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Memory Tools


Last week, we began to discuss working memory. We discussed writing things down and creating checklists.


There are many great resources for assisting with working memory. We will discuss a few of them today. These options are called mnemonics. The definition of a mnemonic is a device such as a pattern of letters, ideas, or associations that assist in remembering something. In general, people are able to remember seven (plus or minus two) units of information at a time. By using different tools to group information together, we can remember more information at a time. That is what a mnemonic does for us.



The first mnemonic that I remember learning was Please Excuse My Dear Aunt Sally or PEMDAS which is a mnemonic device used to remember the order of operations in math: Parentesis, Exponents, Multiplication, Division, Addition, Subtraction. If you need to remember three items, you can assign each item to one of your fingers to help you remember. There are people that will assign a task to each house on their block or to each family member to help them remember.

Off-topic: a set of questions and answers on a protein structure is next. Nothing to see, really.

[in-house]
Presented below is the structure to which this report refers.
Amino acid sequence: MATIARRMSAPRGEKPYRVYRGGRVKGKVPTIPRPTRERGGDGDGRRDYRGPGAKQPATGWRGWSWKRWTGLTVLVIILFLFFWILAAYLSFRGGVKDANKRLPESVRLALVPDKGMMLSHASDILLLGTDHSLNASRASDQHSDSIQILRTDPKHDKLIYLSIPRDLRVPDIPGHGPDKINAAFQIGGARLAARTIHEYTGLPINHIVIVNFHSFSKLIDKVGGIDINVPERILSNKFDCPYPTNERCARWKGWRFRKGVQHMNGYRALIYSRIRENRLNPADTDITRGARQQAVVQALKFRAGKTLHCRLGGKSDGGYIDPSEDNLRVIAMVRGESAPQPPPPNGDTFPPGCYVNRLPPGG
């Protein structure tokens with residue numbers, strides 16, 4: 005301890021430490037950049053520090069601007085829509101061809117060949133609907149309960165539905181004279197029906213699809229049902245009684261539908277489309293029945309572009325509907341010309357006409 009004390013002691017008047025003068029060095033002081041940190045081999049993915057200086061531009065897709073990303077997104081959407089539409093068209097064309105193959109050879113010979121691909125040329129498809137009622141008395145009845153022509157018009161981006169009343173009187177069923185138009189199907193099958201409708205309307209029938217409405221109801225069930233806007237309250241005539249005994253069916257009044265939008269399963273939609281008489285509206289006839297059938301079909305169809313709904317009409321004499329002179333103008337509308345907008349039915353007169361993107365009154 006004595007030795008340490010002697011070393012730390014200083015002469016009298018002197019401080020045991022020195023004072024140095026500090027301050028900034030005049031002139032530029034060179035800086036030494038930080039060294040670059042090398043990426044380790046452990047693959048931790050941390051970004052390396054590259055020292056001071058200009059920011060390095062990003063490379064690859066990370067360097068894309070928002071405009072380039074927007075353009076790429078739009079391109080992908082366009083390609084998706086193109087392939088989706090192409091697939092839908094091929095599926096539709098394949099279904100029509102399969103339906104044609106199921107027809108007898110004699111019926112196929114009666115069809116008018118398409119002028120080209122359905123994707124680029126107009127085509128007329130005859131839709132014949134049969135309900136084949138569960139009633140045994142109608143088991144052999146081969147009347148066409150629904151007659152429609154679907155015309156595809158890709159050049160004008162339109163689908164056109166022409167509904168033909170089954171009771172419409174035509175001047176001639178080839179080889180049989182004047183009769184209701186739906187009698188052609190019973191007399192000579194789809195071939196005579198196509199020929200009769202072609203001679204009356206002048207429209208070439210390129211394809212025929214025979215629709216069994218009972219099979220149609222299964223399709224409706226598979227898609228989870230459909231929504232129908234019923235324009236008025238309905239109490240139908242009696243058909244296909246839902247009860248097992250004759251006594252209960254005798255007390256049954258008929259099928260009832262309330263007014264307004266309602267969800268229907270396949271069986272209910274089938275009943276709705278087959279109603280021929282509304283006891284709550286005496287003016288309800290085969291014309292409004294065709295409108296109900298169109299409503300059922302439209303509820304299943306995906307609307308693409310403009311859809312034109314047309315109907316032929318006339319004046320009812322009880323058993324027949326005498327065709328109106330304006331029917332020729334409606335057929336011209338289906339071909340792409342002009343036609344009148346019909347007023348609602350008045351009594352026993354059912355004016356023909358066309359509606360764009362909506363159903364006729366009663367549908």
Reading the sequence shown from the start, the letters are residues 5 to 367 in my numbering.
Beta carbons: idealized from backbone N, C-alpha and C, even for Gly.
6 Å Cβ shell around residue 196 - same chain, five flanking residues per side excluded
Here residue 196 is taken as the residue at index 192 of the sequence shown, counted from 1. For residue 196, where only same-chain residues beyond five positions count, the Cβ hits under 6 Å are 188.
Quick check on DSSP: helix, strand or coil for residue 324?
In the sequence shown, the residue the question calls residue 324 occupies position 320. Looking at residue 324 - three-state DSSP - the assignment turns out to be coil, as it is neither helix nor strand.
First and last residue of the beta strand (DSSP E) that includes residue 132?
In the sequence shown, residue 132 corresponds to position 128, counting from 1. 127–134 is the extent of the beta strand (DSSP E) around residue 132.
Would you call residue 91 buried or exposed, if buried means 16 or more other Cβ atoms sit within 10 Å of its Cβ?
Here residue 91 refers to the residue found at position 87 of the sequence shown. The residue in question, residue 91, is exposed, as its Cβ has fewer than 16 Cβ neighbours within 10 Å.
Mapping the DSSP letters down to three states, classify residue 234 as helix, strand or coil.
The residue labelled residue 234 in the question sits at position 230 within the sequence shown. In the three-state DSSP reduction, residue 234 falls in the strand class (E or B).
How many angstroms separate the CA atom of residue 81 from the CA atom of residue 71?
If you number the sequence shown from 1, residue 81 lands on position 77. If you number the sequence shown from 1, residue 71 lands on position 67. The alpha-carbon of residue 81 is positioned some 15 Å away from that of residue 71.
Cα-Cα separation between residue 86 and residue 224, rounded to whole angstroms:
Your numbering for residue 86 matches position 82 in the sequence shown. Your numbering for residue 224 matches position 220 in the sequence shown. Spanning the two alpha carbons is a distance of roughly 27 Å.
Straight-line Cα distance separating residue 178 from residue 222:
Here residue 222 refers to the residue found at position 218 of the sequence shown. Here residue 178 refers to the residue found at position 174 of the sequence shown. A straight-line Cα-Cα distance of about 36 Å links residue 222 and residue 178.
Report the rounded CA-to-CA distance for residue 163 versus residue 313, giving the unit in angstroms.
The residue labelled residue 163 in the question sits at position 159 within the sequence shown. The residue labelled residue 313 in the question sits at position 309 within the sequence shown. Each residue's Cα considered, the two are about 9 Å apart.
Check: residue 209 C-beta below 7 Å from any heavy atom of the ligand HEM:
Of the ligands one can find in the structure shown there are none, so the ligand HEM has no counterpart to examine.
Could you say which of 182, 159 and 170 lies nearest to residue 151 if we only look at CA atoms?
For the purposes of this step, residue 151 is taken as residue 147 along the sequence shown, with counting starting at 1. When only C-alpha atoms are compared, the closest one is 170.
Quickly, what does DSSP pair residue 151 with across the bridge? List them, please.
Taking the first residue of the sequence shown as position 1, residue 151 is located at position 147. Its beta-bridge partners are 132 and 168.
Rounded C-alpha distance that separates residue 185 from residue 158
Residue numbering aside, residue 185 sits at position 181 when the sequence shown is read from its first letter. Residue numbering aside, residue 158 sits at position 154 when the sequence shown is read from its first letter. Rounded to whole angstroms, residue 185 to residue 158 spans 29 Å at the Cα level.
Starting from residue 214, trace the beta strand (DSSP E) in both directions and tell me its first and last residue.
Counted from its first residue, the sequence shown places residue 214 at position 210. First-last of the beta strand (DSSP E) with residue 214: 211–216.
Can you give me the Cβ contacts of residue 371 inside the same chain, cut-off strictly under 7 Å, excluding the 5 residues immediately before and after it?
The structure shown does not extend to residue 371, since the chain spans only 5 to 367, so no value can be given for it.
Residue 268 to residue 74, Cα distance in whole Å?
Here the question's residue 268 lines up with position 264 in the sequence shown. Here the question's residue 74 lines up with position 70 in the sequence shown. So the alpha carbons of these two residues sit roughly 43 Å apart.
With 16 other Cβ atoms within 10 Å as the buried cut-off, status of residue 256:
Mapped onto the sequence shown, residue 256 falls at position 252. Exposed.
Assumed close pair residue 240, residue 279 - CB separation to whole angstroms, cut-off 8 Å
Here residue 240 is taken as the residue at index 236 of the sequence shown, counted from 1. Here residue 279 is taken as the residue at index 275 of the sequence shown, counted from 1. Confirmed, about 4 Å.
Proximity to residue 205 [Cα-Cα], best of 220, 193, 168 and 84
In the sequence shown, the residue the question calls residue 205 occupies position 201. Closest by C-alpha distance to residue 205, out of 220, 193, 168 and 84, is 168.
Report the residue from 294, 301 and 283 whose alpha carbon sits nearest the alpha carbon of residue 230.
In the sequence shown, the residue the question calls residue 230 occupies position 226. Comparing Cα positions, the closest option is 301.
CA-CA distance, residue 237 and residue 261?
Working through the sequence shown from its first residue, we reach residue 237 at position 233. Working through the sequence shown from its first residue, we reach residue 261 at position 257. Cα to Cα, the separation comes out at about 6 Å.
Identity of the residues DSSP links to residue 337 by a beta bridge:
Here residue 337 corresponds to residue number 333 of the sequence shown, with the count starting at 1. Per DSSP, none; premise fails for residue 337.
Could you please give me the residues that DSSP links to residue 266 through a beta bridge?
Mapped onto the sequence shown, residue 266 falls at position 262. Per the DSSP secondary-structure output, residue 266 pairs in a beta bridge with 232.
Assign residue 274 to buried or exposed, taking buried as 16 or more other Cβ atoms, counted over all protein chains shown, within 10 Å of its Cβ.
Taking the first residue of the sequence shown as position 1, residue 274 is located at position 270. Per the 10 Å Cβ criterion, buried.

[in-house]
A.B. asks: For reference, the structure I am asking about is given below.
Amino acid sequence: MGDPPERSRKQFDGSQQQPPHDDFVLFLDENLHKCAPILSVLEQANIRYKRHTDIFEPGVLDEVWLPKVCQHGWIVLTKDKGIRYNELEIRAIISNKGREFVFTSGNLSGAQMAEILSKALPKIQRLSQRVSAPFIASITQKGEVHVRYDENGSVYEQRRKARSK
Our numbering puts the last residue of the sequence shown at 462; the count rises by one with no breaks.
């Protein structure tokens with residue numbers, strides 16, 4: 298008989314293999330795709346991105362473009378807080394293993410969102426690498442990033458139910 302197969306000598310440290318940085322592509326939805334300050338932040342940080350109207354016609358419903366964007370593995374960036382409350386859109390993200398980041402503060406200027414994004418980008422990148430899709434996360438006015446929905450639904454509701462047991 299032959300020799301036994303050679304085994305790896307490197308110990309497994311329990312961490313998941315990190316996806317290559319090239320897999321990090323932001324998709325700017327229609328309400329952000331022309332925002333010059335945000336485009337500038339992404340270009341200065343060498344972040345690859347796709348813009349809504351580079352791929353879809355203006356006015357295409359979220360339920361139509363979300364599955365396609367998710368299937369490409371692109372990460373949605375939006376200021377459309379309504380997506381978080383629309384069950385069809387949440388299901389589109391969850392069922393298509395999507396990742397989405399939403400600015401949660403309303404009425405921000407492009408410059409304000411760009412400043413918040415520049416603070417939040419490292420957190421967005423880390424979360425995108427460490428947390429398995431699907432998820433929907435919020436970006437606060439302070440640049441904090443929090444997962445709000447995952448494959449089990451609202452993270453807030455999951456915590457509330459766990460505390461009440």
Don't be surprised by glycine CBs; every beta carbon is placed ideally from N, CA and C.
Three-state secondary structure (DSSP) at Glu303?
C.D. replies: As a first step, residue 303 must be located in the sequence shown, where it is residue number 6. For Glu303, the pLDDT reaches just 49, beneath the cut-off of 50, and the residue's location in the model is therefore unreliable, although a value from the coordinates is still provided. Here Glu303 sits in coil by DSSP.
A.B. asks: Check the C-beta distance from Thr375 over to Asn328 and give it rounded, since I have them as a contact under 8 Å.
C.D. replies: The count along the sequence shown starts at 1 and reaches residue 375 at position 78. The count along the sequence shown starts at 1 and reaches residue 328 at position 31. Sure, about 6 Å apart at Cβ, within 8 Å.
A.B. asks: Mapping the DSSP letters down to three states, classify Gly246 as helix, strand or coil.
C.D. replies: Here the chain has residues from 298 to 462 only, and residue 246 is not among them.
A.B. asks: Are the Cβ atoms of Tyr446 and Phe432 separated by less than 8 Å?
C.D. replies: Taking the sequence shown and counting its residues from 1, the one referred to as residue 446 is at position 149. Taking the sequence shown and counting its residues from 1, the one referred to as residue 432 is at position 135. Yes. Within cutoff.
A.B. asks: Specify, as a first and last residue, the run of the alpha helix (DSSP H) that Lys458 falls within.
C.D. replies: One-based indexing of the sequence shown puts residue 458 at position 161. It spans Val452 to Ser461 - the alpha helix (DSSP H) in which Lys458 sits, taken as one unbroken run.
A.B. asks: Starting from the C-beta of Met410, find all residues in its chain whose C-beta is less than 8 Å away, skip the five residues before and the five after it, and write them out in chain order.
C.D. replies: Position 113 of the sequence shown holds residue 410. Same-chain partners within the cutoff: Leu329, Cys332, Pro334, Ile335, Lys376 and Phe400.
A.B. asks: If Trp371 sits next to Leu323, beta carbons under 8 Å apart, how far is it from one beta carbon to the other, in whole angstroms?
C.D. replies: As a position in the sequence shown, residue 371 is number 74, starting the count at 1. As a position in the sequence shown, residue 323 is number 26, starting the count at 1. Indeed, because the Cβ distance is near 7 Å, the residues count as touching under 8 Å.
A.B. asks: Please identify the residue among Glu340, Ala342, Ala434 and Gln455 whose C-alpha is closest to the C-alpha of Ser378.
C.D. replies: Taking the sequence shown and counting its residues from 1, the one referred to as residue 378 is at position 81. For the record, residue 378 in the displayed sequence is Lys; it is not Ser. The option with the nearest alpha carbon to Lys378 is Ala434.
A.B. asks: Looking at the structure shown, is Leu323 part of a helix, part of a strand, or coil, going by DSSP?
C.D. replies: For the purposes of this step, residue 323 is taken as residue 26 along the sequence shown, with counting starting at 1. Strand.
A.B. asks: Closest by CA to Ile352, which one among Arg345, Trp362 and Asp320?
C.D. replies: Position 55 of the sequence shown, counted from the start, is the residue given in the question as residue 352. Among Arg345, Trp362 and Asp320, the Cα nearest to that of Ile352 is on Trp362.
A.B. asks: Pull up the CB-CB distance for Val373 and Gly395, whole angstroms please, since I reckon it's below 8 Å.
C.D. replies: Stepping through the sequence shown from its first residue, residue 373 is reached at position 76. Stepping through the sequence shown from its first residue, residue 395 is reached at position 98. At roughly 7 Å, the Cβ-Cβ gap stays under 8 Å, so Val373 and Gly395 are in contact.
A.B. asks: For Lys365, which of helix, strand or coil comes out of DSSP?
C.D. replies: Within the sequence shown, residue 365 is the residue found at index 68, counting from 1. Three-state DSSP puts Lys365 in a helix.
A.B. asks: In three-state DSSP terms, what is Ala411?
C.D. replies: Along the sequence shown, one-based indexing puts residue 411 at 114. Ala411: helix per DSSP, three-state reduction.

Another great memory tool is to get physical with the information. I just heard of someone stamping out syllables to learn how to spell hard words with a physical kick in between. So, picture Jason, a seven year old boy studying for his spelling test. He needs to spell the word spelling he would stamp s, then t, then e, then l, then l. Give a kick in the air. Stamp i, stamp n, stamp g, give a kick in the air. It helped him recall the word by grouping the letters together in syllables and by involving a physical action. Acting things out can help with memory. Many people report that they may not have a clue how they got somewhere when they were escorted or driven, but as soon as they have to drive or walk alone one time, they now can get to their destination without help every time.



One of my favorite mnemonics is to make a song out of what you need to remember. Song is a powerful medium not only for memory but for mood as well. Making up silly or not so silly songs to help you recall information is a great tool. Songs can bring out powerful memories of smells, places, and emotion. Songs are easy to recall because they automatically group information into chunks. Have you ever walked into a store for a few minutes and heard a song playing, then found yourself singing or humming that tune hours later?


I invite you to choose one of these tools to try out today. What worked or didn't work for you?

Let me know!

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